Transcendent Kingdom by Yaa Gyasi – Review

I started in March finished it in, June. I just wanted to come and share my thoughts about it.

The transcendent kingdom is a story about a lot of things. It’s about the balance of science, religion, substance abuse and addiction, mental health mental wellness, and it’s a story about all of those things in the juxtaposition of African culture and adapting to American culture. There are sprinkles of social commentary in here, and there are bits of racism. This book covers a lot of ground. But, it also manages to stay very still, which I’ll talk about in just a bit.

Our main character within this book her name is gifty. She is a Ph.D. candidate who is studying addiction in mice. We learn about her life, how it inspires her studies, and who she decides to become an adult.

We also learn about gifty’s family. Her family is from Ghana. Her mom, her father, and her brother are Ghanaian, and they eventually all moved to the united states and tried and established a livelihood there. Her family is just really hit with several things. We learned about how each family member decides to cope with the stressors of being in a new place, trying to do your best for yourself. Your family and your children are trying to impress your family members or your father. The many struggles that can come to a family of immigrants in life, particularly in America, are the many struggles that can come to a family of immigrants. Then we learn about each family member, coping strategies, and how religion plays into that.

I bring that up again because religion is a critical focal point within this book, so I’m just putting that out there for the folks planning on reading it. We have a young woman in prayer on the front.

I will say that the writing, although it’s excellent within this book, it is very different. Then what you may have experienced, in homegoing. There’s lots of introspection here, a lot of journal-like writing here, a lot of thought processing, internal dialogue within this book. The writing style will be pretty different from what you’re used to from homegoing, which I think is a way for flexing her. Her writing skills have shown that she can create something entirely different from what we all are used to; things that I did appreciate about this book appreciate the honesty. Some of the questions that our main character asks herself are several questions that are those same questions that I’ve even asked myself being someone who was a child? Who was reared in a church? Who was raised in a church? If you have that same type of background, you may see some parallels within this story.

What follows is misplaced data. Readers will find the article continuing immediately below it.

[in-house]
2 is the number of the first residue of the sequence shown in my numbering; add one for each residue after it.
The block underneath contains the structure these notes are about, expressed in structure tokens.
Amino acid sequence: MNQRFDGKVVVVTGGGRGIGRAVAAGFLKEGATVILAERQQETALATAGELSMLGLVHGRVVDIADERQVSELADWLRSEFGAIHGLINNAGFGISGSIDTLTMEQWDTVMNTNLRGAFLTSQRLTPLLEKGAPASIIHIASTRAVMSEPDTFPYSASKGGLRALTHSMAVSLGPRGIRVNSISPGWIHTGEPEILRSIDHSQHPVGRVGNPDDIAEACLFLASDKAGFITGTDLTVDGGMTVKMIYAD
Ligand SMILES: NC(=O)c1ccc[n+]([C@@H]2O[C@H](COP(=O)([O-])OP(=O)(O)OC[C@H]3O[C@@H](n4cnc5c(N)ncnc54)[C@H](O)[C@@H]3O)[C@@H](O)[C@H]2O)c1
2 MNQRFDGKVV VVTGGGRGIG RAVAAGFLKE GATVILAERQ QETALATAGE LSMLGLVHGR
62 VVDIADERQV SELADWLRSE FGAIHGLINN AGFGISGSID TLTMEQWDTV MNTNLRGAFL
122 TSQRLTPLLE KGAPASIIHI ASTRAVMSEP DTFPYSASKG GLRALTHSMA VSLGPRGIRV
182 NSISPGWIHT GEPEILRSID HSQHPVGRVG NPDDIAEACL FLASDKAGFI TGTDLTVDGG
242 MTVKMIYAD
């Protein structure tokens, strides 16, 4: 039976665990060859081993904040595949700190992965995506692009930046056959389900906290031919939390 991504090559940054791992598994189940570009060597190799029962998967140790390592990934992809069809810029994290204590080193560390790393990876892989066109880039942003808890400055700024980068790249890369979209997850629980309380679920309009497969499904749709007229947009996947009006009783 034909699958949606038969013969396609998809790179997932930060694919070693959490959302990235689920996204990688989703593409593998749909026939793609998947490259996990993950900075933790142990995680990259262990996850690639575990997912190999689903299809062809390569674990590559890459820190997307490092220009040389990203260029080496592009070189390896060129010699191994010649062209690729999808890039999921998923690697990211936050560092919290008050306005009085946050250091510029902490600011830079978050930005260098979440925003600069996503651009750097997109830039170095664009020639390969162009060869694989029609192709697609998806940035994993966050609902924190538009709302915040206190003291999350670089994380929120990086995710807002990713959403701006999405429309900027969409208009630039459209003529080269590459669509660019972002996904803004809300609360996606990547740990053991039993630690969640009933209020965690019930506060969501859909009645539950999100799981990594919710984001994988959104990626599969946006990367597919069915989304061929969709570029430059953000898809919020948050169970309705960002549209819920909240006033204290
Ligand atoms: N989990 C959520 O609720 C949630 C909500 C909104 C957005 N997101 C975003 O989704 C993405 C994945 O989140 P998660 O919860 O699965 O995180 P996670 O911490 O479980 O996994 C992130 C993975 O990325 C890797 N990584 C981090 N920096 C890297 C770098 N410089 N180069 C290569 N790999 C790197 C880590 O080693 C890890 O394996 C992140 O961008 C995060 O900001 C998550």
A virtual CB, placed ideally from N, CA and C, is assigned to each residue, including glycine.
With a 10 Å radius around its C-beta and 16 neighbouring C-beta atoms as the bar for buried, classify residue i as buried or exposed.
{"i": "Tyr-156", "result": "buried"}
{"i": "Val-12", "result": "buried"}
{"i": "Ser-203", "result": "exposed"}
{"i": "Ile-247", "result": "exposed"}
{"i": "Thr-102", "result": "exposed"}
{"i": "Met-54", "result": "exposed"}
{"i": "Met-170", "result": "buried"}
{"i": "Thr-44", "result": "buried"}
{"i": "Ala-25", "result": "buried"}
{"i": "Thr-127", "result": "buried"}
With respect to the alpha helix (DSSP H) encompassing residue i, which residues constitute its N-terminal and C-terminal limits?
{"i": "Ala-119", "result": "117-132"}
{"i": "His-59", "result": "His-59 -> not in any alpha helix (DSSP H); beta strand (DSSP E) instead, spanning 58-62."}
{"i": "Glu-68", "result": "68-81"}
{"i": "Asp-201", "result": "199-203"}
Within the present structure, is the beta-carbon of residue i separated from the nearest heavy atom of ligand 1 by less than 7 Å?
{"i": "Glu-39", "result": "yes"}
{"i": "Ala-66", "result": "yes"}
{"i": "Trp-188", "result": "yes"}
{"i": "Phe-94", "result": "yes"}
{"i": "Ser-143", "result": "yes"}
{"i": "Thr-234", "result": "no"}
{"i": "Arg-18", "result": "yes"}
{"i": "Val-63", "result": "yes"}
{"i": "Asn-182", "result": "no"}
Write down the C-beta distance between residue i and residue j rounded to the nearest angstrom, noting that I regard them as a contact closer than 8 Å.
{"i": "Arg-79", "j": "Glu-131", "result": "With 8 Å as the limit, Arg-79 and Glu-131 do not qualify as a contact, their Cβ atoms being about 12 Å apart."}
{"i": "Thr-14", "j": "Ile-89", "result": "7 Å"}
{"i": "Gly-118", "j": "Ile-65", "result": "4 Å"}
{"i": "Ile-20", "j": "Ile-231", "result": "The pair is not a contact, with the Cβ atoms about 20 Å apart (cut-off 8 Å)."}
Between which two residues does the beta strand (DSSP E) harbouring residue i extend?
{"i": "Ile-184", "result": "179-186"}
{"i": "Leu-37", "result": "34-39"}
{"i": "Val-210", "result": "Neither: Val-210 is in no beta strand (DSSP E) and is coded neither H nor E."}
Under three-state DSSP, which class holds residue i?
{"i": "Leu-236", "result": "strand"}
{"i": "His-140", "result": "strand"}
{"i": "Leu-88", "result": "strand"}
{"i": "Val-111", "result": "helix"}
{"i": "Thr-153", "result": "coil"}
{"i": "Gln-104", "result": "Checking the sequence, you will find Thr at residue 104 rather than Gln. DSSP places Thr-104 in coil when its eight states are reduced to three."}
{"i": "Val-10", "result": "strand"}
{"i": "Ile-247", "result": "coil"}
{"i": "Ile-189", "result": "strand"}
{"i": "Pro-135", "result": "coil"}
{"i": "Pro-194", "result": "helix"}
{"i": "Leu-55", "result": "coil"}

I appreciated the authenticity of the different relationships within this family. We see favoritism, and we see enabling. We know a lot of other things. Although you know this doesn’t represent every immigrant family, I think it was a great representation of this immigrant family and who they were supposed to be.

I didn’t like as much about this story: we invested a tremendous amount of time in one of the family characters within this book, and once we closed this book, I feel like the investment in the closure was so short. It felt like whiplash.

Again what I appreciated most about this book was its honesty its authenticity. But, I think what you may enjoy about the transcendent kingdom is that it’s from a new direction. If you’re looking for something that was quite like, homegoing, you’re not going to get that. But, you will get something that’s quite different, that I think you still will be able to appreciate.

I ended up giving the transcendent kingdom a 4 out of 5 stars. And I hope you take some time and read it.

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